Mariah Carey finds Super Bowl redemption. And U2, says Brian Hiatt, are predictably great
Mariah Carey finds Super Bowl redemption
It was just one note: a startling, near-ultrasonic squeal on the word ”free.” But that impossibly high flourish was enough to make Mariah Carey’s Sunday night Super Bowl performance her first unambiguous triumph in months. And judging from the look of relief on Carey’s face as she finished the national anthem, the beleaguered superstar had needed nothing less.
Other than that one glorious octave leap, Carey’s ”Star-Spangled Banner” was remarkably restrained, with the diva resting comfortably in the low end of her prodigious, oft-over-used vocal range (despite rumors to the contrary, she did not appear to be lip-synching). The usually barely-dressed singer even dug deep enough into her closet to find a tasteful blue dress to wear, though she couldn’t resist accessorizing with some seriously bling-blinging jewelry.
In all, the brief appearance felt like a first step on a long road toward career recovery for Carey, who slipped into ”Behind the Music”-land last year with a ”physical and emotional breakdown” and the failed movie debut ”Glitter,” along with its flop soundtrack album. Last month, Carey’s record label paid tens of millions to break its contract with her; the Super Bowl appearance was her first public effort since that news broke.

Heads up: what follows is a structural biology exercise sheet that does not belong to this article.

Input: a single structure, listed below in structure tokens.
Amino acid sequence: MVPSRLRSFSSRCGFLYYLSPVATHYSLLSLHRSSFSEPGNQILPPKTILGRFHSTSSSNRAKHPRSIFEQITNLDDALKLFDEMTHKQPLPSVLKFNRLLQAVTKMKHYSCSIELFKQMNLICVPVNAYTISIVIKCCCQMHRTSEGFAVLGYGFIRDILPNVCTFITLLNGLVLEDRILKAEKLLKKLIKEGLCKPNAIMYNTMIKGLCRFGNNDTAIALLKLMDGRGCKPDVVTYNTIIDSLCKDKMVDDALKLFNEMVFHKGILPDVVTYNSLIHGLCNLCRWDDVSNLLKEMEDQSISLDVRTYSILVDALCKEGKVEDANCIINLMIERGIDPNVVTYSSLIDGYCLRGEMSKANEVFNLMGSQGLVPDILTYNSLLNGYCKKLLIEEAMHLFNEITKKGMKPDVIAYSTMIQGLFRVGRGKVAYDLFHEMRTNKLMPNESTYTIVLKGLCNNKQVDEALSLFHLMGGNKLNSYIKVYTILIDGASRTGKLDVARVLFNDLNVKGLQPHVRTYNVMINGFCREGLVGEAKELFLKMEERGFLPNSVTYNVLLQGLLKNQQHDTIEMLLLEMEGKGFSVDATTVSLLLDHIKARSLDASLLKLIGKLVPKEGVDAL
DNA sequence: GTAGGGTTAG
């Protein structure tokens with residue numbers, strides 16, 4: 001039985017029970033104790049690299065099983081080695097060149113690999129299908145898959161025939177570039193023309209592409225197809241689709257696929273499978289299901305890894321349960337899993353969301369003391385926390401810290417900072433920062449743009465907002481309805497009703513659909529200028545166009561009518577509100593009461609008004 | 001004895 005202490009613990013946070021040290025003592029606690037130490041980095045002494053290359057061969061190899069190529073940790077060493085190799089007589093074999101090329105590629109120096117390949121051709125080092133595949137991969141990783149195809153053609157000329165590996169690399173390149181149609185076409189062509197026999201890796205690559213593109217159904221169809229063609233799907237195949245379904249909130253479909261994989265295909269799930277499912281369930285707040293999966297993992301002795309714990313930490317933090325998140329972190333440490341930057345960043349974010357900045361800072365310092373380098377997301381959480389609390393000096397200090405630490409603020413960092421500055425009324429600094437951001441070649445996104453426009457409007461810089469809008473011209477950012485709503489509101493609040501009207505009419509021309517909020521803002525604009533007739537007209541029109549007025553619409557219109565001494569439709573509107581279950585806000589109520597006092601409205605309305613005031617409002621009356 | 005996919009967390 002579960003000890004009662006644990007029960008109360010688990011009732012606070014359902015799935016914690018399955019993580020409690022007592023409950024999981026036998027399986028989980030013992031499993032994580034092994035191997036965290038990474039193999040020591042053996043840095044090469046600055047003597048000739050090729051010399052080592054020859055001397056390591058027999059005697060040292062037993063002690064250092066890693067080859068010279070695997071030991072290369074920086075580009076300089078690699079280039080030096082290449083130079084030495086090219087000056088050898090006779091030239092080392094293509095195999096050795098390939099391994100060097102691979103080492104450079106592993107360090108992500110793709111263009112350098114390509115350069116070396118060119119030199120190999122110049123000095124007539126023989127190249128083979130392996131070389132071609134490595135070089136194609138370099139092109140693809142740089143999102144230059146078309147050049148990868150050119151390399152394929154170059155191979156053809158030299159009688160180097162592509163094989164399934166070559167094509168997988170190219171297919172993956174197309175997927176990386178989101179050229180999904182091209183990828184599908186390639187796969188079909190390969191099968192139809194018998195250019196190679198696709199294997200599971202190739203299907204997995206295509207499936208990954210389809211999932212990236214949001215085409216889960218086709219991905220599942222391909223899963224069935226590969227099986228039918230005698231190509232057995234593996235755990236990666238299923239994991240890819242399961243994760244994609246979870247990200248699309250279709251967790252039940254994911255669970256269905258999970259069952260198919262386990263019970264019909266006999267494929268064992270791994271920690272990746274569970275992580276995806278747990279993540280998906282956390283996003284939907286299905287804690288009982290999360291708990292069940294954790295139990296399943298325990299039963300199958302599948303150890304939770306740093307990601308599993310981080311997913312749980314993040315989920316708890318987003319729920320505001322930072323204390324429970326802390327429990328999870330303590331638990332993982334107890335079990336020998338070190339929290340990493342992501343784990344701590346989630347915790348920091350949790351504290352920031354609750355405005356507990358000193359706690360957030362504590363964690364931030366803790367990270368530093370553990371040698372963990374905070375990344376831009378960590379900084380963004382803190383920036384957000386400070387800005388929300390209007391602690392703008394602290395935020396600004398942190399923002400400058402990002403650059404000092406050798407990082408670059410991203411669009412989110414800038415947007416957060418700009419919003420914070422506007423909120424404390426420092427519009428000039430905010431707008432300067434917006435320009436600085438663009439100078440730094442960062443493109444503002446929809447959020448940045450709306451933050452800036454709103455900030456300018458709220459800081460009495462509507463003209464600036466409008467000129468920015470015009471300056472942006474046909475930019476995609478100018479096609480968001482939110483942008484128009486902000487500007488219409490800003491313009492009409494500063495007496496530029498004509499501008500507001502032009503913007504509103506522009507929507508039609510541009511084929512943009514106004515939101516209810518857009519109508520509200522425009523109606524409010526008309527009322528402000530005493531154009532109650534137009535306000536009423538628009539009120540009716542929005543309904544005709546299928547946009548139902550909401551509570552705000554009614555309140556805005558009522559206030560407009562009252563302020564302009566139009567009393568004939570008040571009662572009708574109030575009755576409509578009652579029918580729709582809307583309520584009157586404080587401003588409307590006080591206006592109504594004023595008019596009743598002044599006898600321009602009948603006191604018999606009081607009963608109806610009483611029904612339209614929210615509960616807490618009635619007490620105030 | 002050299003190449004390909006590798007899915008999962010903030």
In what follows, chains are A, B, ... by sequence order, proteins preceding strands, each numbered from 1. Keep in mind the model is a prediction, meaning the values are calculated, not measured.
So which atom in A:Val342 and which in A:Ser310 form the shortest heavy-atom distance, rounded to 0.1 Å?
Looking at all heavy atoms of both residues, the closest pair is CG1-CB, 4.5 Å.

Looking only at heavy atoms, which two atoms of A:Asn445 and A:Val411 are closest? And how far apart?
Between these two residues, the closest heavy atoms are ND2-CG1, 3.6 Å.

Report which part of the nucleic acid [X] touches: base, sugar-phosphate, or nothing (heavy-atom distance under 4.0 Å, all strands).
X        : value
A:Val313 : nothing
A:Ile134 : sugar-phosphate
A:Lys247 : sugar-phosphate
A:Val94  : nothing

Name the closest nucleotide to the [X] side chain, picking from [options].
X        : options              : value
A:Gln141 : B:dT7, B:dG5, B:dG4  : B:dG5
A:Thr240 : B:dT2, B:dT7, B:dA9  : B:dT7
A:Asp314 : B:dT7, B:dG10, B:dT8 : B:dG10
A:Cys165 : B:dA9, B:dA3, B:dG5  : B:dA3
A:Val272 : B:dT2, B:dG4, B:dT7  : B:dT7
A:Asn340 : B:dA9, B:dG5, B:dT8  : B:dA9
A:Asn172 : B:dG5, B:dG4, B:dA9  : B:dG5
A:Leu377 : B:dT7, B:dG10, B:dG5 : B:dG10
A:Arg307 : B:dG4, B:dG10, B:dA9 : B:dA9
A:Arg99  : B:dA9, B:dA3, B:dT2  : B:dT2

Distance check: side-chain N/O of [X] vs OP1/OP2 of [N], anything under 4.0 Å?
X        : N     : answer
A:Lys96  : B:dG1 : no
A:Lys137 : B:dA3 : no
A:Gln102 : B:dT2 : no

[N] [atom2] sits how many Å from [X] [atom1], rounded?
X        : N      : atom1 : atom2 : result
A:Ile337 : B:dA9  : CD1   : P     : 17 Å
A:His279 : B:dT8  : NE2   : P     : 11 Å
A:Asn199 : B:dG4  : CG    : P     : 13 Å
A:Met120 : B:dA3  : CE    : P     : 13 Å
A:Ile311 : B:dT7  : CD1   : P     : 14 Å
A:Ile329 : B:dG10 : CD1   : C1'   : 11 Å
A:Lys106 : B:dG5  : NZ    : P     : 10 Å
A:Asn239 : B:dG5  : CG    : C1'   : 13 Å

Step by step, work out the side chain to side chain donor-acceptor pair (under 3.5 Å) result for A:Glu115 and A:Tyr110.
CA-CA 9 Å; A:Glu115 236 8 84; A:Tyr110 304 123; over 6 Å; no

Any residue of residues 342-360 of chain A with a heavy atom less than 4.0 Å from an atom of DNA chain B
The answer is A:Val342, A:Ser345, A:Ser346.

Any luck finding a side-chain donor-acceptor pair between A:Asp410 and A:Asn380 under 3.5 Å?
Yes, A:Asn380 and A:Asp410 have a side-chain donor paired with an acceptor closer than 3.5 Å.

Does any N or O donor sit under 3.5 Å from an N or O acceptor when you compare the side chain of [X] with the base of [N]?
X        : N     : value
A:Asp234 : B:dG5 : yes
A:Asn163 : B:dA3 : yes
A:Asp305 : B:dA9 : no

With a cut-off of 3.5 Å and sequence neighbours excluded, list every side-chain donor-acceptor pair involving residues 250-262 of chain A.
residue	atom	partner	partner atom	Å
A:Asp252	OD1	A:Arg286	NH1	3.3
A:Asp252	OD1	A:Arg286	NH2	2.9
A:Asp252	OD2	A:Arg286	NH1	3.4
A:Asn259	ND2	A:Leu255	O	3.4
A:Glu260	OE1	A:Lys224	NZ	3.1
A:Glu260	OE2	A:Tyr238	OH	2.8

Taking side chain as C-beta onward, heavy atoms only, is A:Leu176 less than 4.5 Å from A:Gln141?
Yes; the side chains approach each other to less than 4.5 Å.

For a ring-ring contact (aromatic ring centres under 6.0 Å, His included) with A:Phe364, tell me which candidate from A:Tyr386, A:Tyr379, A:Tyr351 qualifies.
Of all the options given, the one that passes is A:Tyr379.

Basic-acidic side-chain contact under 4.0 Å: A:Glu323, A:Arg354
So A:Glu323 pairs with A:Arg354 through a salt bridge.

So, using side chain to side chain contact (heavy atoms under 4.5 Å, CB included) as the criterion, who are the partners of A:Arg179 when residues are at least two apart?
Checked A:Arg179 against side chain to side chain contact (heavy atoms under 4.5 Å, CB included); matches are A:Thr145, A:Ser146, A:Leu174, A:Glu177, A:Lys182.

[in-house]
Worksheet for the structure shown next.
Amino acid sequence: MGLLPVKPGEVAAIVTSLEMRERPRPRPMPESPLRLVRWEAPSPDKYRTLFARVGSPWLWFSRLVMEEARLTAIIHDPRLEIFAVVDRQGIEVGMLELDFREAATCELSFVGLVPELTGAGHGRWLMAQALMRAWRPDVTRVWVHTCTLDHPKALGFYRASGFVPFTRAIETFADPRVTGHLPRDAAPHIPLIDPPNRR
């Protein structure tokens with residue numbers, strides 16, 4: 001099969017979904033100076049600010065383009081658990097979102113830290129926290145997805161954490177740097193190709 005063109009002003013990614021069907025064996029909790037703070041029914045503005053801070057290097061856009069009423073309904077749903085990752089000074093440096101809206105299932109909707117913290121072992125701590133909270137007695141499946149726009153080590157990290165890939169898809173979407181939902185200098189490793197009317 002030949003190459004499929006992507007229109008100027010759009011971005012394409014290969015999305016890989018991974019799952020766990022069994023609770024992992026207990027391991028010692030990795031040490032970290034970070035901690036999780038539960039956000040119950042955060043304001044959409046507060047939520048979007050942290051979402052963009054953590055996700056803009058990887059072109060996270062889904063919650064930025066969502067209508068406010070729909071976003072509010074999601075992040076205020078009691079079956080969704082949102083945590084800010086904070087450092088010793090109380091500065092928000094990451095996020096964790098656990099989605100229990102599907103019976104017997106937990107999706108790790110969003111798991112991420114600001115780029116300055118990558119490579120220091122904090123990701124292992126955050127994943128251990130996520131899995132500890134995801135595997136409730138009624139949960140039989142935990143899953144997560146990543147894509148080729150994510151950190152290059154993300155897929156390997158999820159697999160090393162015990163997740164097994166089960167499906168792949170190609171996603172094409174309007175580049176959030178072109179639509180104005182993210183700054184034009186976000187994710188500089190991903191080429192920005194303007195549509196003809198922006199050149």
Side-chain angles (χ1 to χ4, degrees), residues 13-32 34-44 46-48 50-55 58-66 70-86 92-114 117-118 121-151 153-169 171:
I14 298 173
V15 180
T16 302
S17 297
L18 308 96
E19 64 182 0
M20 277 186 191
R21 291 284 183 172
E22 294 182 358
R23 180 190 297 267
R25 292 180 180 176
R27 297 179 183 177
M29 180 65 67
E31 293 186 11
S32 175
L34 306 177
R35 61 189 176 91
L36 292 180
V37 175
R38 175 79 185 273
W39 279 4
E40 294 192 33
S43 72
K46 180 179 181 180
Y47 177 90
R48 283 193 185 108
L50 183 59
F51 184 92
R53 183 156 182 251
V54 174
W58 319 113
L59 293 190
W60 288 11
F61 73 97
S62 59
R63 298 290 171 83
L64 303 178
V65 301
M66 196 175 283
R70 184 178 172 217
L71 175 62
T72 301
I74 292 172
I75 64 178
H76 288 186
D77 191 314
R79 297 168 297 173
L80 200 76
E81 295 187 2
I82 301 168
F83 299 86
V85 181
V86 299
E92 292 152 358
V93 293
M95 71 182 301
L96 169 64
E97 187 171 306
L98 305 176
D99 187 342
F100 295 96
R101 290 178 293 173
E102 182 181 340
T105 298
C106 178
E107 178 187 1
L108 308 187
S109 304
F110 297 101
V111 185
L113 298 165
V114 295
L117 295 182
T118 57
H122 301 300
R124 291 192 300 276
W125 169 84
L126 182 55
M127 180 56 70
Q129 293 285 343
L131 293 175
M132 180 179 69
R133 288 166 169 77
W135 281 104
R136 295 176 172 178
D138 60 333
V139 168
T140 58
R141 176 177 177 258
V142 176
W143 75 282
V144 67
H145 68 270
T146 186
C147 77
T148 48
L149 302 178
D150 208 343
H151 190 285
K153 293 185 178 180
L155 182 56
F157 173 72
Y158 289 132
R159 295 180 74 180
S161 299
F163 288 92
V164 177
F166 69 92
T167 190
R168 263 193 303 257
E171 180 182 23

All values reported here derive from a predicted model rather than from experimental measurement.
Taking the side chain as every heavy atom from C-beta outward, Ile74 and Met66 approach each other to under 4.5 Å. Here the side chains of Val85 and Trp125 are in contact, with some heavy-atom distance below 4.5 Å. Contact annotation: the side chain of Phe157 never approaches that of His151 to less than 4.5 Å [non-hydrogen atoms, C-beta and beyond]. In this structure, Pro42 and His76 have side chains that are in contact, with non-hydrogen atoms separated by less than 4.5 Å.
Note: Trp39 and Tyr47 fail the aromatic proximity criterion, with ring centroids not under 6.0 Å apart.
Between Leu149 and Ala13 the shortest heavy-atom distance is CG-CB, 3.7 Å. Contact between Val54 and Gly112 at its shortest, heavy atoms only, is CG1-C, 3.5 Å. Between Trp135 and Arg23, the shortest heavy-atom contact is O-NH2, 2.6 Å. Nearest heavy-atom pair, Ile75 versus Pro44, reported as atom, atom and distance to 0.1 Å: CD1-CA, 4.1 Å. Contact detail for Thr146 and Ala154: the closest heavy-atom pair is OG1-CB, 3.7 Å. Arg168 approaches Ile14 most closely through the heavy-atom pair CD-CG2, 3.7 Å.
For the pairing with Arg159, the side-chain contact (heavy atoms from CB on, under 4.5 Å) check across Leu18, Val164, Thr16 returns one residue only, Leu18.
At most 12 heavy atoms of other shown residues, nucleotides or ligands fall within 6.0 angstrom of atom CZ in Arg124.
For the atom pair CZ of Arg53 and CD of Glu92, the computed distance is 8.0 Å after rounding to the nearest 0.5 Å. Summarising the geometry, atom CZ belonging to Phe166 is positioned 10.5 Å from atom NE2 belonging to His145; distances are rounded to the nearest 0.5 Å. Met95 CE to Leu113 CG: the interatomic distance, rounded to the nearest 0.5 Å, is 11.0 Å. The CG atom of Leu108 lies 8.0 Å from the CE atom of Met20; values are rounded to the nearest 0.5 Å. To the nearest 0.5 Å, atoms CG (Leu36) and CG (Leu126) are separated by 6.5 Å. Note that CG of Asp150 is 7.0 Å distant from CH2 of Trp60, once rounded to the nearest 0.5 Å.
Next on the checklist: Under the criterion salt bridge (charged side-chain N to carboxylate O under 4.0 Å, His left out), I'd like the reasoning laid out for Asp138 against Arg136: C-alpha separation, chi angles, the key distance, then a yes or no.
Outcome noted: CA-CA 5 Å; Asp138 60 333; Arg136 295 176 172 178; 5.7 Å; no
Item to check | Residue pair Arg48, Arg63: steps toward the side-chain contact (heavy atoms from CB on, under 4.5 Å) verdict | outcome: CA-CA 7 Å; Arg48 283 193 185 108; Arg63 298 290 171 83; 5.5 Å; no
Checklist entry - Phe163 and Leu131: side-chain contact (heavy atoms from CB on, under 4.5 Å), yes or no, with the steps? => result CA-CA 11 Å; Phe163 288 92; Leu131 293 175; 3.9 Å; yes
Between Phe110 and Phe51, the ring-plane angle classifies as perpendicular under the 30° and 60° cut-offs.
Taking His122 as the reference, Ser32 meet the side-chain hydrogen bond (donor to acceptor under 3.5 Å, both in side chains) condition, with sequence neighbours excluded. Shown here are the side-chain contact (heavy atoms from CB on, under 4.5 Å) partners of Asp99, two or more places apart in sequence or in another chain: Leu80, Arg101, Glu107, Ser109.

Carey’s uncharacteristically modest performance Sunday night seemed particularly glittering in contrast with the pre-game show’s alternately histrionic and saccharine patriotic tunes. There, any heartfelt touches by Marc Anthony, Mary J. Blige, Patti Labelle, and Wynonna were drowned out by goopy string arrangements and the stomping feet of teen dancers in red, white, and blue Statue of Liberty outfits. Paul McCartney’s version of his would-be anthem ”Freedom” was less bombastic, but we’ve already heard more than enough of that post-Sept. 11 quickie.
Halftime show performers U2 had much less at stake than Carey: Their two-decade career is on an upswing that includes numerous Grammy nods for 2000’s ”All That You Can’t Leave Behind.” They brought along the heart-shaped stage from their ”Elevation” tour, and repeated the tour’s tribute to the victims of Sept. 11’s terrorist attacks, projecting the names of the fallen on a screen behind the band.
Lead singer Bono spent Saturday speaking at the World Economic Forum in New York, and all that chatter about Third World debt must have worn on his vocal cords; he had to shout his way through the high notes on ”Beautiful Day” and ”Where the Streets Have No Name” (which the band introduced with a snippet of the obscure ”Unforgettable Fire” track ”MLK”). Still, the band’s road-forged confidence and Bono’s camera-grabbing swagger were the latest reminders of U2’s continuing vitality.
What did you think of the Super Bowl’s musical components?